Can Leisure Bring Work-Related Benefits?
How should entrepreneurs spend their time to enhance their effectiveness? Conventional wisdom would suggest that they must dedicate almost the entirety of their time and effort at work to breathe life into their ventures, but we found otherwise.
Life in a new venture is stressful work. Entrepreneurs must invest significant time and effort into their ventures to navigate uncertain environments with frequent setbacks. Because of this, entrepreneurs tend to have an intense compulsion to work, often being labeled as “workaholics.” Despite this, entrepreneurs also have a tremendous amount of flexibility in structuring their lives. Yet the focus is typically on entrepreneurs’ work lives, thus overlooking another important aspect of their lives: their leisure.
In our research, we wanted to understand how entrepreneurs can intentionally and proactively structure their leisure time -- a process called leisure crafting -- to overcome stress and obtain work-related benefits. How can cultivating interests that promote learning outside of work help entrepreneurs deal with stress? How can this structuring of their leisure time impact their work?
We explored these questions by surveying 258 entrepreneurs using established scientific measures. Our survey results told us that when entrepreneurs focused on crafting their leisure, they got better at managing stress and generating novel and creative ideas at work.
A Proactive Pursuit
What does leisure crafting look like and why is it helpful? Leisure crafting means intentionally choosing leisure activities that encourage goal achievement, human connection, learning, and personal development. Unlike passive leisure (e.g., watching TV or sleeping), leisure crafting involves a serious and intentional structuring of one’s leisure with the goal of detaching from work, finding new challenges, developing new and inspiring connections, and obtaining novel skills and knowledge.
For example, entrepreneurs might decide to read more books, learn a new language, or attend classes or seminars, all of which may improve their knowledge, skills, and abilities. They might participate in social activities that let them meet new people and bounce ideas off them, and discover new information and diverse perspectives in the process. All of activities help entrepreneurs detach from work, become re-energized, and gather new ideas that help them be more creative when they're back on the job.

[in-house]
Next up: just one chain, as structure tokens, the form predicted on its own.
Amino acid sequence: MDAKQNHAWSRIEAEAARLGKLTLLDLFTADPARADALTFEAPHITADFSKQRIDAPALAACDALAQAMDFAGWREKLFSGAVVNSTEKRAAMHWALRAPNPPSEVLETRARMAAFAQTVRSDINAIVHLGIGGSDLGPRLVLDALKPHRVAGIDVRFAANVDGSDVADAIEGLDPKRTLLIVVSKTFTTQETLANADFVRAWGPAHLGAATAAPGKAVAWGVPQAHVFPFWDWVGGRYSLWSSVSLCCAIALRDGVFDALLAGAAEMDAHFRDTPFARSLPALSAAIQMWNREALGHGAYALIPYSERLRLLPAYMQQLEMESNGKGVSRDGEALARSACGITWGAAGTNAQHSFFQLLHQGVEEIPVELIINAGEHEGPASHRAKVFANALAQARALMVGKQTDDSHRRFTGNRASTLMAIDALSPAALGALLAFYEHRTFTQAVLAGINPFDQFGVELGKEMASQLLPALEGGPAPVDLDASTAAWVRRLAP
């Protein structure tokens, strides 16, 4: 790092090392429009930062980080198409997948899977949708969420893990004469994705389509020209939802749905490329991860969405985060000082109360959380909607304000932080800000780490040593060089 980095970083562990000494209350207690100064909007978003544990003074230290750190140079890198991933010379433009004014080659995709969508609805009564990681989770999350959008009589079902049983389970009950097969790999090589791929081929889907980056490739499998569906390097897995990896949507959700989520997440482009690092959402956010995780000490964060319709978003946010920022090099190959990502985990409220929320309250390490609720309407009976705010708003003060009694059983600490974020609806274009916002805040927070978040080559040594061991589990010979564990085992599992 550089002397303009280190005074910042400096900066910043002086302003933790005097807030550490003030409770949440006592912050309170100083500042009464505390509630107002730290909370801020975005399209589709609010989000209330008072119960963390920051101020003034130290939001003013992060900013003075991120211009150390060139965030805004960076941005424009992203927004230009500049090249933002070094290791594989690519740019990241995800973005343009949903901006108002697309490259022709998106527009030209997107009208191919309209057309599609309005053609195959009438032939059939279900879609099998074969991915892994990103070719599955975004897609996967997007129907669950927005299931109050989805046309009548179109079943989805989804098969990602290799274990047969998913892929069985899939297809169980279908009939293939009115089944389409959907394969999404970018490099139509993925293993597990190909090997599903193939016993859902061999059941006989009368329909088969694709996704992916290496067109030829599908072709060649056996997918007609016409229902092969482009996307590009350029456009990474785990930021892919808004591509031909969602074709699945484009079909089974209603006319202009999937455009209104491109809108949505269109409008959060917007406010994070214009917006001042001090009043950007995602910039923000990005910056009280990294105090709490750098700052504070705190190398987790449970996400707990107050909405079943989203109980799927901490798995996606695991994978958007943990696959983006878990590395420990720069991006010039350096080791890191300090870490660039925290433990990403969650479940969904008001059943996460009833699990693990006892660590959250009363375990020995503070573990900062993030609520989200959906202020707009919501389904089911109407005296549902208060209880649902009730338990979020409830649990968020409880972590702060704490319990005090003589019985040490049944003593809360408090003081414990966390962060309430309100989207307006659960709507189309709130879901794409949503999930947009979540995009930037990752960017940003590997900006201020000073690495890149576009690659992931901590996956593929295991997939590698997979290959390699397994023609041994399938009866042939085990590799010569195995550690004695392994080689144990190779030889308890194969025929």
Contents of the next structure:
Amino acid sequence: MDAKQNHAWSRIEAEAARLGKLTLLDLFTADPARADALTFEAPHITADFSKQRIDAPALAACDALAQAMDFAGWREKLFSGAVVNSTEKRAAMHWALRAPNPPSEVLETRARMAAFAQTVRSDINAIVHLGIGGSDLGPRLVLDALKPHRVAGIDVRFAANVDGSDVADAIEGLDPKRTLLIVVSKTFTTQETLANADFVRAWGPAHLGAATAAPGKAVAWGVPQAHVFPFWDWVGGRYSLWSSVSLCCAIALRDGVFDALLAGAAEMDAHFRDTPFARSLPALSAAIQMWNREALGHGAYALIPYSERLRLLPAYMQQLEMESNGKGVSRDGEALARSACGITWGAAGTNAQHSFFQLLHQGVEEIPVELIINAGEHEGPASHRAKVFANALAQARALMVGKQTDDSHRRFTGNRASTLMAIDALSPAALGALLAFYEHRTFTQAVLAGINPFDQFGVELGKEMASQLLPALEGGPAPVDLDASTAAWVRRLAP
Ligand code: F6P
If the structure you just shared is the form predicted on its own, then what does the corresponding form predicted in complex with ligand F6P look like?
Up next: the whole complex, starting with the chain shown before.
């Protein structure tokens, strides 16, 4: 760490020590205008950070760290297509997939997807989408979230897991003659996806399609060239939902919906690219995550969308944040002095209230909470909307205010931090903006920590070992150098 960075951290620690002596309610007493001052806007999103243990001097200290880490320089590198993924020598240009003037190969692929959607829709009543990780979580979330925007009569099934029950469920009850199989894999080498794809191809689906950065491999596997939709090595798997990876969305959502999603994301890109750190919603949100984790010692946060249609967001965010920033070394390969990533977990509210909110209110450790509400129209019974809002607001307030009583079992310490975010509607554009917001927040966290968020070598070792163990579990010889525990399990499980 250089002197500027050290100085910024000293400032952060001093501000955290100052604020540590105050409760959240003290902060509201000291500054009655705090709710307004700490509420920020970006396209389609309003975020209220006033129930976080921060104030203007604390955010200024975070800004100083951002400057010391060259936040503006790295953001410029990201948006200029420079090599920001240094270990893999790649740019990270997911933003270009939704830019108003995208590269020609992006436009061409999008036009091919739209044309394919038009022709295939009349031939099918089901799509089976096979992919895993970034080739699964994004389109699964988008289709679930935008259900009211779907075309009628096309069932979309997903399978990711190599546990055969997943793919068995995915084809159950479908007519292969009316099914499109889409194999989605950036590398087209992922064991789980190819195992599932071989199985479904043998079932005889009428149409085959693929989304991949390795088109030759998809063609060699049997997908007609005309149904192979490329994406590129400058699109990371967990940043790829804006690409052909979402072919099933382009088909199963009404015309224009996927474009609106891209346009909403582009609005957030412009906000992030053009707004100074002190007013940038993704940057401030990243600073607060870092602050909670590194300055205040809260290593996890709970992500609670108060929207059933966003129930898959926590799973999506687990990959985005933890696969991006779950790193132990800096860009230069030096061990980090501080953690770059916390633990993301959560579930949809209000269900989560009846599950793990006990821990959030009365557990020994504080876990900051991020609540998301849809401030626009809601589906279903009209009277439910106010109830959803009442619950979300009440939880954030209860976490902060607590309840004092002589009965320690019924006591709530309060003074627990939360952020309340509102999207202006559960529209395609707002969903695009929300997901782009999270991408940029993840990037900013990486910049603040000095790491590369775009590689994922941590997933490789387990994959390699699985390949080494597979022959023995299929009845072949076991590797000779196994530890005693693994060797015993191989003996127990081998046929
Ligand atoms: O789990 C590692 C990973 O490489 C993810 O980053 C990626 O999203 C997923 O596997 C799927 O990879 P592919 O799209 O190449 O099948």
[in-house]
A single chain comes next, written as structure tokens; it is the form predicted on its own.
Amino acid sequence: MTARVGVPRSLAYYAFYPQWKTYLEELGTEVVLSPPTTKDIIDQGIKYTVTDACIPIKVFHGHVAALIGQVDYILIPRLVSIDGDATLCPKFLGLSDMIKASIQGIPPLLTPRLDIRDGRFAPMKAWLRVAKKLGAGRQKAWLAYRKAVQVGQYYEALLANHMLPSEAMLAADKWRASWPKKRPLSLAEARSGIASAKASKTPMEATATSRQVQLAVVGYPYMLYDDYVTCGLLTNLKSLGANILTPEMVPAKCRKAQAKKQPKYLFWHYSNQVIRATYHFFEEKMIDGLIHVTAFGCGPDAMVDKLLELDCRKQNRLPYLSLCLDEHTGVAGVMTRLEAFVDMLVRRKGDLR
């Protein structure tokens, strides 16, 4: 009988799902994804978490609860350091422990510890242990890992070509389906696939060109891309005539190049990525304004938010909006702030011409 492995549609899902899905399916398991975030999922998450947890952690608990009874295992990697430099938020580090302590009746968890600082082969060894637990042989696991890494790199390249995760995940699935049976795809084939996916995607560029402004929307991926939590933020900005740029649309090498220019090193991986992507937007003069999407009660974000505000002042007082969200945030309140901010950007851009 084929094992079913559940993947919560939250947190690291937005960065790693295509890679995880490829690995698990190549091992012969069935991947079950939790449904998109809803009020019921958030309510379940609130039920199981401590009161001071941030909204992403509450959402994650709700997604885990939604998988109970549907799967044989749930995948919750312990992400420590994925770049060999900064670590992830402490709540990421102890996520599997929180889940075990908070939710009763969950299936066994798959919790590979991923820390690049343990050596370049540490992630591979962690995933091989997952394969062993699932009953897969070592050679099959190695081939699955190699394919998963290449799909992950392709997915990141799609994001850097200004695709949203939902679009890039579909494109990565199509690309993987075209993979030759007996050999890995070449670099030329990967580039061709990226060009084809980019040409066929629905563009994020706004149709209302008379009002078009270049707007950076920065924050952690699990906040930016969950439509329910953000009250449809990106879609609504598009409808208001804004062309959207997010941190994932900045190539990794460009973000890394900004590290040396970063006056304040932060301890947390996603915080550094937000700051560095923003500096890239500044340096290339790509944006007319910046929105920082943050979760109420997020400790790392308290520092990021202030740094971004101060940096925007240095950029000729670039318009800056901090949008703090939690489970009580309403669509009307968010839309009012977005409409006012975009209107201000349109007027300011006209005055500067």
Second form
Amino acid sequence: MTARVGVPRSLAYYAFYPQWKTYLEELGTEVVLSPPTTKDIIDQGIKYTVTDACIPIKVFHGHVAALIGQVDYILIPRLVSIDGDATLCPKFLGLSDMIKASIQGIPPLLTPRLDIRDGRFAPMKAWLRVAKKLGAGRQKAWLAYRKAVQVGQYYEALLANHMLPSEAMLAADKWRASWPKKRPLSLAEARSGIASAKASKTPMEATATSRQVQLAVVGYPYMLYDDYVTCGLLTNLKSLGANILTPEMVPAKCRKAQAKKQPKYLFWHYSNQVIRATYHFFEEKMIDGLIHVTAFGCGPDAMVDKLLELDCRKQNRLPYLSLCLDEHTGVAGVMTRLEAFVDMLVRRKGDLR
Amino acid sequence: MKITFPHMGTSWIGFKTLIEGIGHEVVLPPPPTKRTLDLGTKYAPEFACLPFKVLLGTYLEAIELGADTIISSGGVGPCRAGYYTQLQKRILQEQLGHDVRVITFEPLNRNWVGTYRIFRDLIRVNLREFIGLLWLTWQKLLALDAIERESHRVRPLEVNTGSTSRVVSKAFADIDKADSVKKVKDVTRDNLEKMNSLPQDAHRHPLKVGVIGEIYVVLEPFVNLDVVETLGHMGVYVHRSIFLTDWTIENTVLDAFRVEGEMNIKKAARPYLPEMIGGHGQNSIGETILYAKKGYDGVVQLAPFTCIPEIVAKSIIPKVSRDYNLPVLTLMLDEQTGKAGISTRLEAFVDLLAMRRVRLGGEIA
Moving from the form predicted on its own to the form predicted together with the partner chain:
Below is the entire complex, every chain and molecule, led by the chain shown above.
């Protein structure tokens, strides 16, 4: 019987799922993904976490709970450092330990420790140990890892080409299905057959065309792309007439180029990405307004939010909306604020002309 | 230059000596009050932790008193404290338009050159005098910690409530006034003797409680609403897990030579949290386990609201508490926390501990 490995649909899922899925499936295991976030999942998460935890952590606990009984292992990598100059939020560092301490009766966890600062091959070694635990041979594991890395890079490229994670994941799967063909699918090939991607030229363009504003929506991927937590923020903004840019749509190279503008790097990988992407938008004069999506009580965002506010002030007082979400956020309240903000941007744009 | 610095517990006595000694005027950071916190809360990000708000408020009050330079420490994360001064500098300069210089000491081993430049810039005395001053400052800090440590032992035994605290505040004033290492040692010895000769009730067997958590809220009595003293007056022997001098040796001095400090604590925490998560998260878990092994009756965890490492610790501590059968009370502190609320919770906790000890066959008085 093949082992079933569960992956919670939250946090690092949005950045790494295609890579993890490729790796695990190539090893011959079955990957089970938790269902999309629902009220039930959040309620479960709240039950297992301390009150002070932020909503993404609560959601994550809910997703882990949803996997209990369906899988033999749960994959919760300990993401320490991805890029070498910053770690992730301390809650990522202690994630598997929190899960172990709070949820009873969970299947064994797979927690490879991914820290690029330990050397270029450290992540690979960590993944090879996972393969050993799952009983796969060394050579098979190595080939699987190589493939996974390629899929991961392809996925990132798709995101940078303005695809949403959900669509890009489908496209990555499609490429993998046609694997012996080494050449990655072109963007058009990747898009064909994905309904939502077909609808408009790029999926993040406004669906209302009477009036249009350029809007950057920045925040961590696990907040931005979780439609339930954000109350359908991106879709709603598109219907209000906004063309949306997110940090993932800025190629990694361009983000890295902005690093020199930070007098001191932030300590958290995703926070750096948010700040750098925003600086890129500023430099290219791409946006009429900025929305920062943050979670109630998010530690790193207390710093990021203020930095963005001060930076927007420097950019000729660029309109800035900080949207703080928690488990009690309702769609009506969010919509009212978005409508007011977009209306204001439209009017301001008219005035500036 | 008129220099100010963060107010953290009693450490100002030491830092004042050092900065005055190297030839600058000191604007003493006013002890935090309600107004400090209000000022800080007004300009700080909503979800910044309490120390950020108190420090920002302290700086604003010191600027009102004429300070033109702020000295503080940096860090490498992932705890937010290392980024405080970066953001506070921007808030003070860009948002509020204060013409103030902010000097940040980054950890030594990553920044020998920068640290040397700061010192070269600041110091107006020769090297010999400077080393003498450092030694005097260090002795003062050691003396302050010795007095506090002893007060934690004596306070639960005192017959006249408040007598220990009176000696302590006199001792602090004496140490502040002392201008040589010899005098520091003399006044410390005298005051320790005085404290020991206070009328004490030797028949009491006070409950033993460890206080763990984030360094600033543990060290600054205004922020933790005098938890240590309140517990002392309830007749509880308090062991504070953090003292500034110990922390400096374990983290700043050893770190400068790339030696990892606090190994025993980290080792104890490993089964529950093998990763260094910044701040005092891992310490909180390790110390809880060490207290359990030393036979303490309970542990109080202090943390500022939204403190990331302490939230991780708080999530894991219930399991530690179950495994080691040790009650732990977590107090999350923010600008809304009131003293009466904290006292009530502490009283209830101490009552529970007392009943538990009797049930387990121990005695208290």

We certainly don't advise that entrepreneurs focus entirely on their leisure at the expense of their work. They still need to work hard to be creative and generate ideas for their business. Instead, we are suggesting that entrepreneurs should allocate a portion of their time for leisure crafting. Specifically, when faced with work stress, entrepreneurs should step away from work rather than digging in. They should proactively engage in a leisure activity that helps them re-energize and reset before attempting to resolve these stressors. Finally, even people who are not entrepreneurs can benefit from taking breaks from work to recover, socialize, and master new skills. Proactively structuring leisure -- and focusing on personal development and learning outside of work -- can help anyone do better work.
Explore the Research
Hamrick, A.B. (2022). Stress[ed] out, leisure in: The role of leisure crafting in facilitating entrepreneurs’ work stressor— creativity relationship. Journal of Business Venturing Insights. 18 e00329. https://doi.org/10.1016/j.jbvi.2022.e00329
Alexander Hamrick is a Doctoral Researcher in the Department of Management at Auburn University. His research interests include entrepreneurial stress and well-being, leisure crafting, and entrepreneurial identity aspirations. The Babson College Entrepreneurship Research Conference (BCERC) taps leading-edge research conducted by an elite group of doctoral students from top universities around the world. A total of 25 students have participated in the 2022 BCERC Doctoral Consortium, and have written essays that share practical insights from their research. With Babson's permission we are sharing some of these essays, including this one.